Ask not what design thinking is, ask what it can do for your client.

Both at the academic and the business DMI conference in Paris this week speakers were very keen on defining design thinking. From an academic point of view, this is quite understandable: epistemologically (wow!) there’s some very interesting stuff happening when a designer/creative puts his teeth in a problem. (See many articles by Roger Martin on this topic) This merits much research which requires a rigorous approach.
From a business point of view however, I’m not so sure all this talk about what design thinking is will help us reach our goals. Let’s explore what’s going on:

As experienced designers and design managers, we have discovered that in many cases our added value to business and entrepreneurship lies not so much in what we do (eg design artefacts or identities) but in how we do it. It is not our design results that make the biggest difference but the way we go about solving problems, applying creativity, involving stakeholders, and creating opportunities. It’s what zilver‘s consultancy practices are based on. We have a great urge to capitalise on these qualities: if only we could bring design thinking to the market, we would be able take upstream what we are best at, and having a great time in the process.
The mistake we are making is that we think we need to know what it is before we can sell it. What we have to watch out for in this context is that we don’t apply ‘traditional’ business thinking to explain design thinking. Imagine trying to sell design thinking to a CEO of a large company using only very strict definitions, measurable benefits, predictable outcomes and proven processes (off course embedded in a nice over the top PowerPoint presentation using a template with groovy fly-in effects, talking paperclips and totally distracting slide transitions). That would be missing the point big time wouldn’t it? Still, that’s exactly the trap I saw some people at the DMI conference fall in to.
My point: from a business point of view, design thinking is not something that needs to be defined before it can be sold. It is many things at once, and none of the above. Like creativity, vision, empathy, excellence and leadership, we all recognise it when it’s there, without having a clue as to how to define it.
If you want to sell design thinking, just make sure it’s recognised: demonstrate what it can do, gather case-studies, ring the bell when it happens, or keep a design thinking diary. I’m sure after seeing these things there won’t be single CEO in the world asking you: “yeah, right, but what exactly is it?”

here’s some thinking on design thinking:

Dan Saffer Victor Lombardi Ralf Beuker stanford but also google it and have a field day!

Rachel Cooper’s mindmap on design thinking, based on our dicussion at the academic dmi conference paris 2008

3 Responses Subscribe to comments

  1. Sabine

    Hi Erik,

    I like your observation and I agree with much of it. As a matter of fact, it is precisely one of the concerns, that design thinking is being defined and that promoters of particular definitions tend to inevitably exclude aspects that may be should not be excluded. I see one of the tasks of design research to point out when and where this is happening to generate a greater understanding of design in general.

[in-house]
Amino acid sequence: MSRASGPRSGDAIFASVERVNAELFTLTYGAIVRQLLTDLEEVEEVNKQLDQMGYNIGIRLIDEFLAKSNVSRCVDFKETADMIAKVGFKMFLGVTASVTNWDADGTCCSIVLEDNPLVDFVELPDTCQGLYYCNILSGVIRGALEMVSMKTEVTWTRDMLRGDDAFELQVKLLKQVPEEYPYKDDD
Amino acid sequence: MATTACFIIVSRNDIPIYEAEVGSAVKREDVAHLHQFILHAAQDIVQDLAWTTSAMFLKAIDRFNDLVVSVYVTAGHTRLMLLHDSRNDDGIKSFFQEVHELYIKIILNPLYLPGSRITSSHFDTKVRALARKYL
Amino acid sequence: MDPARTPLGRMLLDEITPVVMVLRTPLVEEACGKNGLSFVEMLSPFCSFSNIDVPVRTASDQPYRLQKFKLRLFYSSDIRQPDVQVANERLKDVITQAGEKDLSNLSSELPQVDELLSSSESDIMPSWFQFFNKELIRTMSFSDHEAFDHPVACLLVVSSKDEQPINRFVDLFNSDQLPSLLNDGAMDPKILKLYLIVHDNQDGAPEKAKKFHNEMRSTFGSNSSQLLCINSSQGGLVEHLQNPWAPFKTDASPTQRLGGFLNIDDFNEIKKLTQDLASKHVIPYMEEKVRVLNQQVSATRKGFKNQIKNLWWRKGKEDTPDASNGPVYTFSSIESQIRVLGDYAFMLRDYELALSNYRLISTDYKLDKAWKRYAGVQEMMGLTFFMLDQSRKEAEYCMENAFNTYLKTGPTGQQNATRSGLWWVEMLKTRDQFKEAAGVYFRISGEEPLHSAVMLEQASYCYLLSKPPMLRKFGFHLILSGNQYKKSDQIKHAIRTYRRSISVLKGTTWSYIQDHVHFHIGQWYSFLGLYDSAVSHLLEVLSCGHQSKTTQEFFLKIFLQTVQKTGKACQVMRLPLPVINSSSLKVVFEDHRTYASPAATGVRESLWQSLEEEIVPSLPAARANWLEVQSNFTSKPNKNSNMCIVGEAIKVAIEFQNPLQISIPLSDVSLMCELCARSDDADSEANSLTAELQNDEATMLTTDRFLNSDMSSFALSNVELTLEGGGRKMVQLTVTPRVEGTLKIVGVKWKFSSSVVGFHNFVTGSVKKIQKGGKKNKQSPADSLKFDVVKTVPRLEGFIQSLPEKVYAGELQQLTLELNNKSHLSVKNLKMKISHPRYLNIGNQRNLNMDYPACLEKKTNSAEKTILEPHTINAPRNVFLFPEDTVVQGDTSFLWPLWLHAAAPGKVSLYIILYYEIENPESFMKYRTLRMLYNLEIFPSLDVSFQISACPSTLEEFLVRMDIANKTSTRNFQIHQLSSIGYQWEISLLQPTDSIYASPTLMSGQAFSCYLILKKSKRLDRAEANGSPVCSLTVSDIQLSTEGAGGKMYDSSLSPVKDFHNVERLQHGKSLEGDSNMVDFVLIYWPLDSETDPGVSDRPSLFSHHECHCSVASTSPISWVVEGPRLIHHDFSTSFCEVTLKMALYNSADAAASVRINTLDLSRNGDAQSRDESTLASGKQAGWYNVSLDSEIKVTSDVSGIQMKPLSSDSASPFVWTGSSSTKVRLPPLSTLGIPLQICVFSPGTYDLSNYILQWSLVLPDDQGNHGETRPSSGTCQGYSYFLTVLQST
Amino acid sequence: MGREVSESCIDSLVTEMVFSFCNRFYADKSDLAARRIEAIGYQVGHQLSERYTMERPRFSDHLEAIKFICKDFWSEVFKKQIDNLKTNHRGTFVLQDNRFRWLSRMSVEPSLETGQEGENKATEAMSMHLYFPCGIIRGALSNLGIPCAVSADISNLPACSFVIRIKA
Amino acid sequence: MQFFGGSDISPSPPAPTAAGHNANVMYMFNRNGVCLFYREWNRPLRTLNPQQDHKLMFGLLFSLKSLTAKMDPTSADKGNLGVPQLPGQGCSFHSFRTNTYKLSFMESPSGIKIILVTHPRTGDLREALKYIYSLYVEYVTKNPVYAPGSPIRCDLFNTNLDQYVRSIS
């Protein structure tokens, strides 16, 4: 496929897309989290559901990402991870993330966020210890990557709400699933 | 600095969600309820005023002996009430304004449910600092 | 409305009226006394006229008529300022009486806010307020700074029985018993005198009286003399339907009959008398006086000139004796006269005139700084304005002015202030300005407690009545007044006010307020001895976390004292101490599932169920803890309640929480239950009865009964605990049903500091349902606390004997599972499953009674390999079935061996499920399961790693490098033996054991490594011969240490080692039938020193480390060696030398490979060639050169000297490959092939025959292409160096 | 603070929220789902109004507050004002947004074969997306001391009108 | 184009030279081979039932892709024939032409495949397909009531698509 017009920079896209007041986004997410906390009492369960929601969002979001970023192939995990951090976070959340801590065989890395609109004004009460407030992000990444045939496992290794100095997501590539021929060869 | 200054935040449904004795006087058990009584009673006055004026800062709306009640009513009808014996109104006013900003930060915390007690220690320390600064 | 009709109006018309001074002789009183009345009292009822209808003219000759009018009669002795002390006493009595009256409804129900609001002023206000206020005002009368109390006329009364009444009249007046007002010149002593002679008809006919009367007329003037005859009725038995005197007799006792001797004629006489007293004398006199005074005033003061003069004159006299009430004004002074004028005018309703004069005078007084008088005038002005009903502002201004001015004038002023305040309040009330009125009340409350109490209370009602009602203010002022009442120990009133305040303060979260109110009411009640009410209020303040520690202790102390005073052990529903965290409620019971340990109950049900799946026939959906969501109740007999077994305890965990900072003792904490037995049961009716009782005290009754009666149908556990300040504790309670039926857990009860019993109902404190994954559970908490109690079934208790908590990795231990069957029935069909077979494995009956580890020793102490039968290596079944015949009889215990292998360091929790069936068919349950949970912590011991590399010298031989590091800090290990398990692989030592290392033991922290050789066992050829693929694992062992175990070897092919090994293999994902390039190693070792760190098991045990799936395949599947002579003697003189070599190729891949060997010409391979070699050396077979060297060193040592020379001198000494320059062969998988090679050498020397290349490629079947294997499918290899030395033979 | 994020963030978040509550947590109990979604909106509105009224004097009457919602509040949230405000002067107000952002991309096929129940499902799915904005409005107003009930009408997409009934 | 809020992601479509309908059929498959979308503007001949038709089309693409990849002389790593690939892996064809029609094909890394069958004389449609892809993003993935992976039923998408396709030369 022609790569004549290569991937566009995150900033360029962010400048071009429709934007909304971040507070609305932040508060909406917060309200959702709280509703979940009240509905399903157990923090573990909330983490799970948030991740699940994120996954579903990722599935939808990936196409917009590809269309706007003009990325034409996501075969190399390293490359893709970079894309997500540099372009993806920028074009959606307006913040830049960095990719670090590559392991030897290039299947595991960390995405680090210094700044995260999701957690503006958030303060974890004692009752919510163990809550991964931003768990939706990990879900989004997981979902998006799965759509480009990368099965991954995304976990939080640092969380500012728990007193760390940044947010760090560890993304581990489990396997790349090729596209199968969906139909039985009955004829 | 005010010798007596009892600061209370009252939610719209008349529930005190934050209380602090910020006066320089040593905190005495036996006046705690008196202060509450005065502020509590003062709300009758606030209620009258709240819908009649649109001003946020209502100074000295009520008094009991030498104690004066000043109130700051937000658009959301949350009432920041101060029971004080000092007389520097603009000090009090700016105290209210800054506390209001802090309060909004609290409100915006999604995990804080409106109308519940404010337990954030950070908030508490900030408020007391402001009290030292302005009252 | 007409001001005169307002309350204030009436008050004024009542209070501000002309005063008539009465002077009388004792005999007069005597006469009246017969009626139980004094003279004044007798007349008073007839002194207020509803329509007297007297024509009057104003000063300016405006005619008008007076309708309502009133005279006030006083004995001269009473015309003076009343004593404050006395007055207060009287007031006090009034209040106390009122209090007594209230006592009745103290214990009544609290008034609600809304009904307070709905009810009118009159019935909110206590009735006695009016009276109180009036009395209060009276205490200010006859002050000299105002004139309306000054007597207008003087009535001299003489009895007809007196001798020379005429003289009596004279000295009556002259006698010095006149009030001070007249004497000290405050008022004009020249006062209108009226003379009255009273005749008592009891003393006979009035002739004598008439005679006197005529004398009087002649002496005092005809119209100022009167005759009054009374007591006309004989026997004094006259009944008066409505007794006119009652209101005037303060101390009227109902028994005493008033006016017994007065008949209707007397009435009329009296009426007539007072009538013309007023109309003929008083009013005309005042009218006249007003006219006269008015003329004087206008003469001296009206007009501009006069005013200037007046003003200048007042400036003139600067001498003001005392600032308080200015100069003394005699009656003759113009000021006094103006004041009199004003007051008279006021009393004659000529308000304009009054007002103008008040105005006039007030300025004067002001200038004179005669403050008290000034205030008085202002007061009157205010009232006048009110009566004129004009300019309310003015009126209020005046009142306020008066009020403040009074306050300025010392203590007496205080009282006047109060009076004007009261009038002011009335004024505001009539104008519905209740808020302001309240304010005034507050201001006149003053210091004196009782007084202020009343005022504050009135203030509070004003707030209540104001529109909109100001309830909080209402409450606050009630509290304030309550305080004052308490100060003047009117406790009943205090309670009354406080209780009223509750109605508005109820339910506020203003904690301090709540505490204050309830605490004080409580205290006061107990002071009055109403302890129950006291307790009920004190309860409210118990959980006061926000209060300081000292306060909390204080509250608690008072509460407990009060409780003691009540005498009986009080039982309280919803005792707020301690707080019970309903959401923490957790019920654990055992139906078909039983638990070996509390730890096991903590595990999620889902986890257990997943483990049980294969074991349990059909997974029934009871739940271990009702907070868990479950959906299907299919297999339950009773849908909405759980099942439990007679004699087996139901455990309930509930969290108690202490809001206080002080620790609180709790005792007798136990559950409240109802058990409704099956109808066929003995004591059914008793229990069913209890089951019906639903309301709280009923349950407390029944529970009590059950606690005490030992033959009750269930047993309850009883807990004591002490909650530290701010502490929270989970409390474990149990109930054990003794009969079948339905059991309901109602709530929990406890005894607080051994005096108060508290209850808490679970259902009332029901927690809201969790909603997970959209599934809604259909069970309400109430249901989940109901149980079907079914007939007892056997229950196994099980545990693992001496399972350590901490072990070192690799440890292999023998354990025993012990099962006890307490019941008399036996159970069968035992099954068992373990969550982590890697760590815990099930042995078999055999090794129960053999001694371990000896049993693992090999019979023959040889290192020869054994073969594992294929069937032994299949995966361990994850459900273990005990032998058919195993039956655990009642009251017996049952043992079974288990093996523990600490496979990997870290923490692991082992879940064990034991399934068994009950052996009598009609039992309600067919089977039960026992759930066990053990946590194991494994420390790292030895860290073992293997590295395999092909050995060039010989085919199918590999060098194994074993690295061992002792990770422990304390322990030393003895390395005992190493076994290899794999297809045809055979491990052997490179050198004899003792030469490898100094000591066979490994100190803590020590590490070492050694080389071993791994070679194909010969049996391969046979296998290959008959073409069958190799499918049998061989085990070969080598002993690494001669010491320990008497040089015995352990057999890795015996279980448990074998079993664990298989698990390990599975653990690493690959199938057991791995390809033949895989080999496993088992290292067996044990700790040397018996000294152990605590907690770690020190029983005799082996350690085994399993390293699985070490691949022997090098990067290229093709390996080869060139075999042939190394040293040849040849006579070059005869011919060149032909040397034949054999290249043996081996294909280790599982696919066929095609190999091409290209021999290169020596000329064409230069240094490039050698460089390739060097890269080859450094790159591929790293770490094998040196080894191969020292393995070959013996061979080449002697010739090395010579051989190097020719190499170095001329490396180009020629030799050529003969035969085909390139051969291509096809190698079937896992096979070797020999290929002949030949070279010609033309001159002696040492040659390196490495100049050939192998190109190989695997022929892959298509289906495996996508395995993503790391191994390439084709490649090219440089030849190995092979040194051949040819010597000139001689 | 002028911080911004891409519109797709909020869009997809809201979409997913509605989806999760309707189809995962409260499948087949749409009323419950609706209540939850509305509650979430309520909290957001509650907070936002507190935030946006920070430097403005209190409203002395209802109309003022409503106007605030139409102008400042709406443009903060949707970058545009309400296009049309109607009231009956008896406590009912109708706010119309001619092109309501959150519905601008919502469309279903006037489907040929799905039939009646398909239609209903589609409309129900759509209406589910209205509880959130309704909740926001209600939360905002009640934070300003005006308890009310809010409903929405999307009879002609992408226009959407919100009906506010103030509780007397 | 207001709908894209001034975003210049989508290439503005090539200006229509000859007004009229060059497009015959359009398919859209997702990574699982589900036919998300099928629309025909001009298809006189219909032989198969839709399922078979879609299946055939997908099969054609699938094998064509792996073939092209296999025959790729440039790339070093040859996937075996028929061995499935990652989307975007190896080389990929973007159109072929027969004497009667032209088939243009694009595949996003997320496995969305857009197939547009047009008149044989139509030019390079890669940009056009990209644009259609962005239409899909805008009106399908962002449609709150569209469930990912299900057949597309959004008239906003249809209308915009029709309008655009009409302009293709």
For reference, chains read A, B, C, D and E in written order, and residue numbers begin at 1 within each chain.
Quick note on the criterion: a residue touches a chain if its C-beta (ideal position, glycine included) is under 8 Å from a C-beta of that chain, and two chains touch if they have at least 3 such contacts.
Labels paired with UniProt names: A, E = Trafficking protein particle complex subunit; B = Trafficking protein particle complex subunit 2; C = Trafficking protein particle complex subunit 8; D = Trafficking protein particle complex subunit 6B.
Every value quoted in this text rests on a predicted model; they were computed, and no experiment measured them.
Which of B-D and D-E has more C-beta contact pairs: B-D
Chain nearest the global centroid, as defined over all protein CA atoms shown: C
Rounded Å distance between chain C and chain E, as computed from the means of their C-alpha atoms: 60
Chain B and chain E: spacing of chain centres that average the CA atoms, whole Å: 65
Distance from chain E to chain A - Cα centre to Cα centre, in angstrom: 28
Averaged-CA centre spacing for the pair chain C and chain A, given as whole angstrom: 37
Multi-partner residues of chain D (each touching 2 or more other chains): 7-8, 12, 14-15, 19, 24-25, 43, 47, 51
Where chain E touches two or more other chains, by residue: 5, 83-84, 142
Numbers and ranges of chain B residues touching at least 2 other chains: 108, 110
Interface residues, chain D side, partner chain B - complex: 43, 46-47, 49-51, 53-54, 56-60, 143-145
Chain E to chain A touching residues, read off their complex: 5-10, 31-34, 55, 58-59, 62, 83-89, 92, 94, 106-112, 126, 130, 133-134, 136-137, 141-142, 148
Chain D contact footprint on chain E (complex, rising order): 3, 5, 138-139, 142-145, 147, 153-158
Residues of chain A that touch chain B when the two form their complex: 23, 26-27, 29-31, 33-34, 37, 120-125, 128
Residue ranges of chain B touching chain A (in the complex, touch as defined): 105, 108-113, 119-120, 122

Apr 25, 2008 @ 12:10 am

  2. erik roscam abbing

    Design and design thinking are hard to define. But design is about solving ill-defined problems. So designers should be perfectly able to deal with this. Still for design to contribute to a better world it needs to be part of other processes, it needs to be embedded in businesses, linked to marketing, sales, manufacturing, R&D. For this you can’t get away with claiming it is nothing and everything at once.
    But that does not imply putting a box around it and defining it. At the DMI conference in Paris I had a great talk with Francois Lenfant of GE Healthcare about making design part of business metrics without taking away the inspiration and soul. He was working on also including qualitative aspects in design metrics like ‘how is this design making our values tangible’, ‘how is this design project contributing to realising our vision’ and ‘what does this design do to better the lives of our end-users’. I think that’s a truly brave way to embed design in a larger business context without giving up its soul. And without defining it to death.

    Apr 25, 2008 @ 9:31 am

  3. Vol. 2:

    DMI European Conference Reviews…

    For those of you (like myself) who have not been able to attend the latest European Design Management Institute’s conference I thought it might be interesting to read some stuff that other attendees have summarised or commented.

    …Maybe inspire…

    May 02, 2008 @ 11:33 am


+ 3 = eleven

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this is Erik Roscam Abbing's blog on topics relating to the synergy between branding, innovation and design. Erik is a consultant (, teacher (, and frequent speaker on the topic of Brand Driven Innovation. He is also the author of the book by the same title, to appear in autumn 2010 at For inquiries, contact erik at erik at
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